Already a member? Please login below for an enhanced experience. Not a member? Join today

You Can Fly: Putting the fun into fundamentalsYou Can Fly: Putting the fun into fundamentals

Learning—and teaching—was never so exciting

If the teachers are having this much fun, imagine how their students are going to feel.

Forty-four science and math teachers from around the country descended on the AOPA You Can Fly Academy in Frederick, Maryland, April 26 through 28 to experience the ninth-grade aviation-based science, technology, engineering, and math (STEM) curriculum before they begin teaching it to their students this fall. And if bursting balloons, good-natured competition, and flying rockets doesn’t sound like fun, you need to get out and fly more.

“I never knew how much fun aviation could be,” said Carla Ladner, a 34-year algebra teacher from Lufkin, Texas, who is delighted to “never teach algebra again” and instead will lead the You Can Fly aviation curriculum in her school system. She’s so excited about learning to fly—and all facets of aviation—she’s started ground school and she and her husband have joined their local EAA chapter. “There’s so much to learn! Our students are loving it; they challenge me so much.”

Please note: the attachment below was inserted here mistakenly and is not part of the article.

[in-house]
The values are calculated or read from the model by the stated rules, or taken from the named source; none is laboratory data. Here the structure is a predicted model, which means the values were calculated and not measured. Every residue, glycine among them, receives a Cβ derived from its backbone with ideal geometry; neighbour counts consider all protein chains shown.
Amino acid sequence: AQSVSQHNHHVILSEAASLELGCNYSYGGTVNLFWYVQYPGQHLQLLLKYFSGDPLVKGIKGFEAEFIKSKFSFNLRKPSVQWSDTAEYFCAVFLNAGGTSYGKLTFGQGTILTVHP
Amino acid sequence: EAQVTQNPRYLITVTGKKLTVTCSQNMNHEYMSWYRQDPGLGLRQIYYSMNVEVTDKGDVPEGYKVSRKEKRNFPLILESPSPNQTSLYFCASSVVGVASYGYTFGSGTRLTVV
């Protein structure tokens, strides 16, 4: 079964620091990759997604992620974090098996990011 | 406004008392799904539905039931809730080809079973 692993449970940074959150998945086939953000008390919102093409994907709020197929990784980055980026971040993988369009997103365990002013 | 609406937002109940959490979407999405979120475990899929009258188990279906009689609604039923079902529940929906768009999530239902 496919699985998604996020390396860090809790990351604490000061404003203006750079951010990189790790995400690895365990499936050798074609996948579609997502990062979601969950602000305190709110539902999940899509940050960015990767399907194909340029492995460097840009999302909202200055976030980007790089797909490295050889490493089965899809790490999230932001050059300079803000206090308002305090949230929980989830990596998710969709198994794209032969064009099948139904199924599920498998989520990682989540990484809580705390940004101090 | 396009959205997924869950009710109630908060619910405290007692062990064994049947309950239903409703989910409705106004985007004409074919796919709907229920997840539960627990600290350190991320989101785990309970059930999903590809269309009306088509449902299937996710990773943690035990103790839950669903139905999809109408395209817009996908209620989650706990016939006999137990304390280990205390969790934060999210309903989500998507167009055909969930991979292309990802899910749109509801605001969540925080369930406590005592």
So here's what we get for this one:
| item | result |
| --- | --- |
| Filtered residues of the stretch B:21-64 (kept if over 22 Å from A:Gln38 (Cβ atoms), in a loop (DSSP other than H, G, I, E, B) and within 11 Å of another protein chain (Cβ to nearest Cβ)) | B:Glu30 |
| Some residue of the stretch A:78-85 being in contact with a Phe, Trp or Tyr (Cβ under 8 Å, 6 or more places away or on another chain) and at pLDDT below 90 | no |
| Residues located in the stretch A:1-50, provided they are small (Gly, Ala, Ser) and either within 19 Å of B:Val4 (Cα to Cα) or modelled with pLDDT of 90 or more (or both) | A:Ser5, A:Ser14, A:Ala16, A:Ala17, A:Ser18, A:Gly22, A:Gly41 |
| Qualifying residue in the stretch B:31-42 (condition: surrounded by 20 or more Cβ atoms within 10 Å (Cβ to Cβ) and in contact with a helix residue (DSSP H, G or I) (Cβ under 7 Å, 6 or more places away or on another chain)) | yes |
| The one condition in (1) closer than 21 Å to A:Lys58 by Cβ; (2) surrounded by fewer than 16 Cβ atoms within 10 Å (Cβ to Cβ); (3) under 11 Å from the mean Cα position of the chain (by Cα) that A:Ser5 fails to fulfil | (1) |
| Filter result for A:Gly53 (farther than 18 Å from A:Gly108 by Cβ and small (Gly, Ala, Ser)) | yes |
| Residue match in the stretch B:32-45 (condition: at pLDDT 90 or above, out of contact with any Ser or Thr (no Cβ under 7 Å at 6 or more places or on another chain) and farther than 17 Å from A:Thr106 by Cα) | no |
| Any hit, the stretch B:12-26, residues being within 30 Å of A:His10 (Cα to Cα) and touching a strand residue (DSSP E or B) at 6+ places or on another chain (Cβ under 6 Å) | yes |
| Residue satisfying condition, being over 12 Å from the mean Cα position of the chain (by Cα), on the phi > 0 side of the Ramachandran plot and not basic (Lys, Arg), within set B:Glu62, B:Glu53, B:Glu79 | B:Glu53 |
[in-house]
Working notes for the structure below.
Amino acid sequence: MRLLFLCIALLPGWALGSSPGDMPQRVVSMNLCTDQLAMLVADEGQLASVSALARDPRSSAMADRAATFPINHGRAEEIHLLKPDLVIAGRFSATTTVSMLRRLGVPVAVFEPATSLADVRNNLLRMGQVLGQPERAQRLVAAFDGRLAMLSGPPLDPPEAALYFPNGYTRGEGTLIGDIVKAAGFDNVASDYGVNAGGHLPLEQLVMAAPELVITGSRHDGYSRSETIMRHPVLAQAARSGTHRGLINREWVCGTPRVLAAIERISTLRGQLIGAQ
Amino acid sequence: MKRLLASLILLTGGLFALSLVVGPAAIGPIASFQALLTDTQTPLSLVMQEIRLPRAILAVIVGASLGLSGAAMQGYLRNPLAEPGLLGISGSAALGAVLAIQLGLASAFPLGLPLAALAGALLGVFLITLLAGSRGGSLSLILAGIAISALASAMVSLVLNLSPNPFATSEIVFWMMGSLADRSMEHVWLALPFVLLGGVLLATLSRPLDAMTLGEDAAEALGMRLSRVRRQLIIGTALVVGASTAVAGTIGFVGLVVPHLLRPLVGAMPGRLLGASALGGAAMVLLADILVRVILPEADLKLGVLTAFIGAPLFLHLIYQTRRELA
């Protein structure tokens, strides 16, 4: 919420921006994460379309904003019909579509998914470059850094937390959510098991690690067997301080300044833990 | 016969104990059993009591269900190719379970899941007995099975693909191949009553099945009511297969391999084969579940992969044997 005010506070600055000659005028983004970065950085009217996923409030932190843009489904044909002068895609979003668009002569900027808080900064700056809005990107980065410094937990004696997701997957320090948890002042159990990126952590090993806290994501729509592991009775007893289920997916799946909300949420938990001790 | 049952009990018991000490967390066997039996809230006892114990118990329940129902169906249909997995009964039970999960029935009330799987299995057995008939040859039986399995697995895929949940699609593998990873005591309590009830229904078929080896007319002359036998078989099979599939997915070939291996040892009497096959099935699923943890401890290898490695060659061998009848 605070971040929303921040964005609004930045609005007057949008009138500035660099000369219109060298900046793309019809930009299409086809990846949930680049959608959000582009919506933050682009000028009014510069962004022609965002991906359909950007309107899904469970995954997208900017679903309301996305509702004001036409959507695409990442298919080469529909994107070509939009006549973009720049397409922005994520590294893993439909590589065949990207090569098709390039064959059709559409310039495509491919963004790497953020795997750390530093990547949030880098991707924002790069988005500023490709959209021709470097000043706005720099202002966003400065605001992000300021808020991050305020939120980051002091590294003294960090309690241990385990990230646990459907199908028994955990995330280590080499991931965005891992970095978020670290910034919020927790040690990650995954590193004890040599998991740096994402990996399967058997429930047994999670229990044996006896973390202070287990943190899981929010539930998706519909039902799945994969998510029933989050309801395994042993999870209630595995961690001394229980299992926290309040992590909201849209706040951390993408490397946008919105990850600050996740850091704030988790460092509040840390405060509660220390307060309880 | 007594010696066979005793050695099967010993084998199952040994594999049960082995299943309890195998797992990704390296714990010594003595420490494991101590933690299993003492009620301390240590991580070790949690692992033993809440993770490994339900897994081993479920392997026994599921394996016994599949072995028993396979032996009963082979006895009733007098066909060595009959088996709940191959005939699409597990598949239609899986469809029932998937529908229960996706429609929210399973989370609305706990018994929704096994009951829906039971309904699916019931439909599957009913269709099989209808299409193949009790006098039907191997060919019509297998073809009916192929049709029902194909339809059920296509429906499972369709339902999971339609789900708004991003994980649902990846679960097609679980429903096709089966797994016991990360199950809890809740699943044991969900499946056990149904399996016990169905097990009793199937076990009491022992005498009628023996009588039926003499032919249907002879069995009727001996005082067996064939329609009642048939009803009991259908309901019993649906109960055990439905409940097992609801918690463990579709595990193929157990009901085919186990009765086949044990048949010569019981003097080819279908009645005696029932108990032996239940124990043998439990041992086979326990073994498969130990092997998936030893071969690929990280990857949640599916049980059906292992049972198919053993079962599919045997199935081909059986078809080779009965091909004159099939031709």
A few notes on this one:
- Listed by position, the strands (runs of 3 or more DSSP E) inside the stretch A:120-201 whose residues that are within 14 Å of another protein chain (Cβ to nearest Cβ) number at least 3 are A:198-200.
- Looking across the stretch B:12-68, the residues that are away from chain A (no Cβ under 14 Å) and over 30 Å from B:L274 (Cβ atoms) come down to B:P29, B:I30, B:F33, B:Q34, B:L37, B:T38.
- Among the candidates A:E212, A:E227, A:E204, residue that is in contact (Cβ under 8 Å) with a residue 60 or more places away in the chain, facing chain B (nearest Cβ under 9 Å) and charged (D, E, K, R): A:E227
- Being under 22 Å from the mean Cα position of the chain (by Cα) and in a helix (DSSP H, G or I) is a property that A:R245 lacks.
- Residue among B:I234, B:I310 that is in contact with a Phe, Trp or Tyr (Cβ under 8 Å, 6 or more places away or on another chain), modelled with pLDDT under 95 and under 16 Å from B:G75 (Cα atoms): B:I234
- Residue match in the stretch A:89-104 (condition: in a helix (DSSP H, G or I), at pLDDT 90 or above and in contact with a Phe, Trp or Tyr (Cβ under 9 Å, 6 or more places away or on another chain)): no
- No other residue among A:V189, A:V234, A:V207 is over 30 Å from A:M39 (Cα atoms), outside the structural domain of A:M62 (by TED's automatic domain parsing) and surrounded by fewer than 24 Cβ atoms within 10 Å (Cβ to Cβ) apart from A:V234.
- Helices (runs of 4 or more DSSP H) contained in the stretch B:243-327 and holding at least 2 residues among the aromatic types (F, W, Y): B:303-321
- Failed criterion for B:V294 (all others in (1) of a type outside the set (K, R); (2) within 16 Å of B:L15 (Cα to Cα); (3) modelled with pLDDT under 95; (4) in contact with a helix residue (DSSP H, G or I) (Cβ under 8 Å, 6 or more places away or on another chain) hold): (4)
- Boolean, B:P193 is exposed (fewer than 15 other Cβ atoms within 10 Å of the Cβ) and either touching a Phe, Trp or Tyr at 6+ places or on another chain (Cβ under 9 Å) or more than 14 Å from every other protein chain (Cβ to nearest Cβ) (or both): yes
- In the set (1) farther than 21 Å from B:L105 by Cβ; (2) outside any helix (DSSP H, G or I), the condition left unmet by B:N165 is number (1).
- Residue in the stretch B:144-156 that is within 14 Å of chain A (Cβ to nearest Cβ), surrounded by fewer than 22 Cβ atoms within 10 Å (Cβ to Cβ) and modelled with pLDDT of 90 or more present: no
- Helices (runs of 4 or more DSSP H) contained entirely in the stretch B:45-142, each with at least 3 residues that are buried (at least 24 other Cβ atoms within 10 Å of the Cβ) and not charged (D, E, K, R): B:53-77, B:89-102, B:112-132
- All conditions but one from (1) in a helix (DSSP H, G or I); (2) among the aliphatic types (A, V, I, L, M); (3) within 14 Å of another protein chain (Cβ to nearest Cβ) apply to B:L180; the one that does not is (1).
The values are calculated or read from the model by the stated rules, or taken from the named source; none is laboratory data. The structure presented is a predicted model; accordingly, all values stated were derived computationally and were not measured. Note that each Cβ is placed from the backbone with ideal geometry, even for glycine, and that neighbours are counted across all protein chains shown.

Challenges are part of the You Can Fly curriculum—first, concepts are explained the old-fashioned way in a lecture or manual, and then the ideas are put into practice. For such activities as a “rocket launch” teaching engineering principles, balloons, paper clips, and string are the low-cost materials used to perform testing. At the You Can Fly Academy, teachers broke into groups of four to design a “rocket” (balloon) that could carry the maximum payload (paper clips). Winners achieved a payload of 54 paper clips and a rocket that touched the ceiling. Small explosions (balloons bursting), cheers, and gasps of disappointment were all part of the learning process.

Marty Cooksey, a teacher from Spencerville, Maryland, said his students will love these experiments. “Anything hands-on like this they like,” he said.

“Teachers are always looking for ways to make learning relevant,” said Elizabeth Tennyson, executive director of the You Can Fly program. “With this curriculum, students can see the real-world applications all around them."

Workshops for the tenth-grade curriculum and field testing for the grade 11 curriculum will take place this summer.

Julie Walker

Julie Summers Walker

AOPA Senior Features Editor
AOPA Senior Features Editor Julie Summers Walker joined AOPA in 1998. She is a student pilot still working toward her solo.

Related Articles